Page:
Unit 6 : Equatorial Sundials : Variations : Horizontal and Vertical Sundials : Tech Notes : Unit Questionniare

Unit 1: How to Point to a Star
Unit 2: Where on Earth Are You?
Unit 3: Earth's Rotation and the Sun's Apparent Motion
Unit 4: Yearly Changes in the Sky
Unit 5: Seasons and Climate
Unit 6: Sundials
Unit 7: Navigation
Unit 8: Ancient Astronomy
Unit 9: Constellations

Tech Notes

The following section is included for those who want to understand some of the mathematical reasoning behind the various sundial designs.  This section is optional and your grade will not be affected by material in this section.

Horizontal Sundial with a Vertical Gnomon

A horizontal sundial with a vertical gnomon would measure the azimuth of the sun.  The sundial could be reasonably accurate at the equinoxes, but it would then be up to one hour off in midwinter or midsummer, as you can see from this graph, constructed for Ames, Iowa (latitude 42N).

Horizontal Sundial with a Slanted Gnomon

In constructing the horizontal sundial with the slanted gnomon, we made a sundial that measures the hour angle of the sun rather than the azimuth of the sun (as contrasted to the sundial above).  This slanted gnomon feature makes it much more accurate, since solar time is defined as "the hour angle of the sun plus 12 hours."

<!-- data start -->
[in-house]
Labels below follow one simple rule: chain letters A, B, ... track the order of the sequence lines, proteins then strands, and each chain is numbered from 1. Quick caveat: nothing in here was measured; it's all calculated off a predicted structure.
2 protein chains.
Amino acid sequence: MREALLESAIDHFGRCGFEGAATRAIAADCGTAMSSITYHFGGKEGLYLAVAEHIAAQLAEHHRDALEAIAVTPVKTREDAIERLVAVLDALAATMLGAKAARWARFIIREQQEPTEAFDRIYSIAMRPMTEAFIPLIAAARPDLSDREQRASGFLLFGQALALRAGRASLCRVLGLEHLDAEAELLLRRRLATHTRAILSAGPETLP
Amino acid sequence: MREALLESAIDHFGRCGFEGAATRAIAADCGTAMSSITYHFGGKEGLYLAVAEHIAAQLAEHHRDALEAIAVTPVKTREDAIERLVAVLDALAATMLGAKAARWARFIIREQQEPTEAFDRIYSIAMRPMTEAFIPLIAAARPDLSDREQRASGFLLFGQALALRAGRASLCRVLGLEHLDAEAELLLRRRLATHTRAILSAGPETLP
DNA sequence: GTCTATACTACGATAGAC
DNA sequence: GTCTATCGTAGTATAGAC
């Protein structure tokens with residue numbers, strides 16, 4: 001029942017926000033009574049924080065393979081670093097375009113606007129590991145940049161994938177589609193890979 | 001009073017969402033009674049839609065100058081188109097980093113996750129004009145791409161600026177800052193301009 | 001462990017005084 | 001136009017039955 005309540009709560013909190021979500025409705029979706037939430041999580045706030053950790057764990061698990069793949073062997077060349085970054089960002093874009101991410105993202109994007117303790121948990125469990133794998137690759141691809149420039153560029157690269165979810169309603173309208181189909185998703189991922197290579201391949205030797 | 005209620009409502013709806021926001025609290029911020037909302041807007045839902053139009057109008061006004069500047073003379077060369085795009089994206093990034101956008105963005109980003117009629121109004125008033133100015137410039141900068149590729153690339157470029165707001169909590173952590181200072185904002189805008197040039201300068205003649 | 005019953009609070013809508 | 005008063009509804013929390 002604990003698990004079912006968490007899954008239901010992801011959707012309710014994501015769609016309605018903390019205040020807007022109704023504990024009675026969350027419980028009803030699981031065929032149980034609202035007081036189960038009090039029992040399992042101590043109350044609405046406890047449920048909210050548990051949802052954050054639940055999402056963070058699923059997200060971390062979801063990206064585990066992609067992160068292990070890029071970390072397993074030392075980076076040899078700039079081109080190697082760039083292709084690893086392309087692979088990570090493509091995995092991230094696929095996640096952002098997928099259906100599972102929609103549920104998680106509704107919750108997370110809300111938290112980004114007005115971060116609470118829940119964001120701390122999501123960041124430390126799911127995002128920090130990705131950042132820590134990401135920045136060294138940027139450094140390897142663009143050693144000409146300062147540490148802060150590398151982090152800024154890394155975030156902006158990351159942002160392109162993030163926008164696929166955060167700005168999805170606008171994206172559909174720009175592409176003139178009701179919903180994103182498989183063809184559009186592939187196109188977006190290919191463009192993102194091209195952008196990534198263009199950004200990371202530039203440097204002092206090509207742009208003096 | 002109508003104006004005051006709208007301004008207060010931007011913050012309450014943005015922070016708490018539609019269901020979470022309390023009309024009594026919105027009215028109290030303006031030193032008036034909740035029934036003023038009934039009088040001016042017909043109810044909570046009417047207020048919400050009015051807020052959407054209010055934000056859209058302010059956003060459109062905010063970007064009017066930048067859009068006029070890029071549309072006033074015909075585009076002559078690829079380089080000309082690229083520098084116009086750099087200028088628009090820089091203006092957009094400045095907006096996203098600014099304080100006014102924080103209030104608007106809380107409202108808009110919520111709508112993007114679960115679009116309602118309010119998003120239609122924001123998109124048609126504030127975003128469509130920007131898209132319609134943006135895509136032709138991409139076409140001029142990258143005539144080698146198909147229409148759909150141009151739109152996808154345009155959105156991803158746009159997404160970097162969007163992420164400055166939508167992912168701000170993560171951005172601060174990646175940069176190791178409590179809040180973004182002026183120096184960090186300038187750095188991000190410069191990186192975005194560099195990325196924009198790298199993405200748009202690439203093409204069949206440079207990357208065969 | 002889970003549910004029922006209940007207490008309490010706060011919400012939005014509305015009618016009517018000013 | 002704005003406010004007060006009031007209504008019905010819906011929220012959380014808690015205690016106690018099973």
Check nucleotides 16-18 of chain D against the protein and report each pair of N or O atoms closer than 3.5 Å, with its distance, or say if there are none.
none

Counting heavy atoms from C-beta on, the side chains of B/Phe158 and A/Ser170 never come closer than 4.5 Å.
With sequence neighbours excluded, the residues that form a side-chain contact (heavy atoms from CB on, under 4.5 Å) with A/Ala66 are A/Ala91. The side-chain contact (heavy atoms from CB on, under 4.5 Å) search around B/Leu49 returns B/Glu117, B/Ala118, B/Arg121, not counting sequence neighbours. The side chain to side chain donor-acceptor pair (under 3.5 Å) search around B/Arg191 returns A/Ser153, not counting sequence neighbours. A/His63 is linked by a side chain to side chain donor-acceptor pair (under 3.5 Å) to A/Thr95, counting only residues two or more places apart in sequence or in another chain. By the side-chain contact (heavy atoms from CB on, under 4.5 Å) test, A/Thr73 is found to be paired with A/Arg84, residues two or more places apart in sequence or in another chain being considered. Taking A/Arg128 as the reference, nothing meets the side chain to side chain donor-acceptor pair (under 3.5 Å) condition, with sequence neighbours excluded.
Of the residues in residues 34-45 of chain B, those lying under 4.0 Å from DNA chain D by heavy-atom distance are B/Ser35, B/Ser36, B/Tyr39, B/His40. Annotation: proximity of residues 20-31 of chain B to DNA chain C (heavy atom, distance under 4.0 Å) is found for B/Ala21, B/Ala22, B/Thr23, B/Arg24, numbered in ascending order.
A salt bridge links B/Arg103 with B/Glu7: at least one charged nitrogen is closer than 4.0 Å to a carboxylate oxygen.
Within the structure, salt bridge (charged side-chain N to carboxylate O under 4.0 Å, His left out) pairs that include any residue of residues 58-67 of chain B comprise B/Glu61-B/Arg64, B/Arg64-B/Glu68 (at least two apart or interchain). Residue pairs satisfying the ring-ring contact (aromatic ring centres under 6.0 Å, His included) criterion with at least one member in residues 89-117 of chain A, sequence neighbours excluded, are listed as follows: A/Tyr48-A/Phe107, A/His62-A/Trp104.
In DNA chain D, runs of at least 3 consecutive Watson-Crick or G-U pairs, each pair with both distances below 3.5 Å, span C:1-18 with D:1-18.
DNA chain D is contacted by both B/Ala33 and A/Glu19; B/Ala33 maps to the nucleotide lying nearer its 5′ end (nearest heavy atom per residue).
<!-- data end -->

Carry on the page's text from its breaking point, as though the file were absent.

The formulae used to generate the graph below are:

cos(altitude) sin (azimuth) = cos(dec) sin(hour angle)

cos(altitude) cos (azimuth) = - cos(latitude) sin(dec) + sin(latitude) cos(dec) cos(hour angle)

where the hour angle of the sun = (time - 12 hours)x15 deg / hour

It is easiest to find the altitude first, and then the azimuth.  The altitude formula is presented next.

Shepherd's Dial

The shepherd's dial and similar dials that measure the length of a shadow cast by the sun are measuring mostly the altitude of the sun.  These dials always need to be corrected for the seasons to be usable, as they could be off by more than 2 hours at the Ames, Iowa latitude.

The formula used to generate the graph is:

sin(altitude) = sin(latitude) sin(dec) + cos(latitude) cos(dec) cos (hour angle)

The hour angle is defined above in the last graph discussion.

In principle, if you know the altitude and azimuth at all times of day, then a little geometry is all you need to construct any kind of sundial at all.  That doesn't mean, however, that it is always easy.



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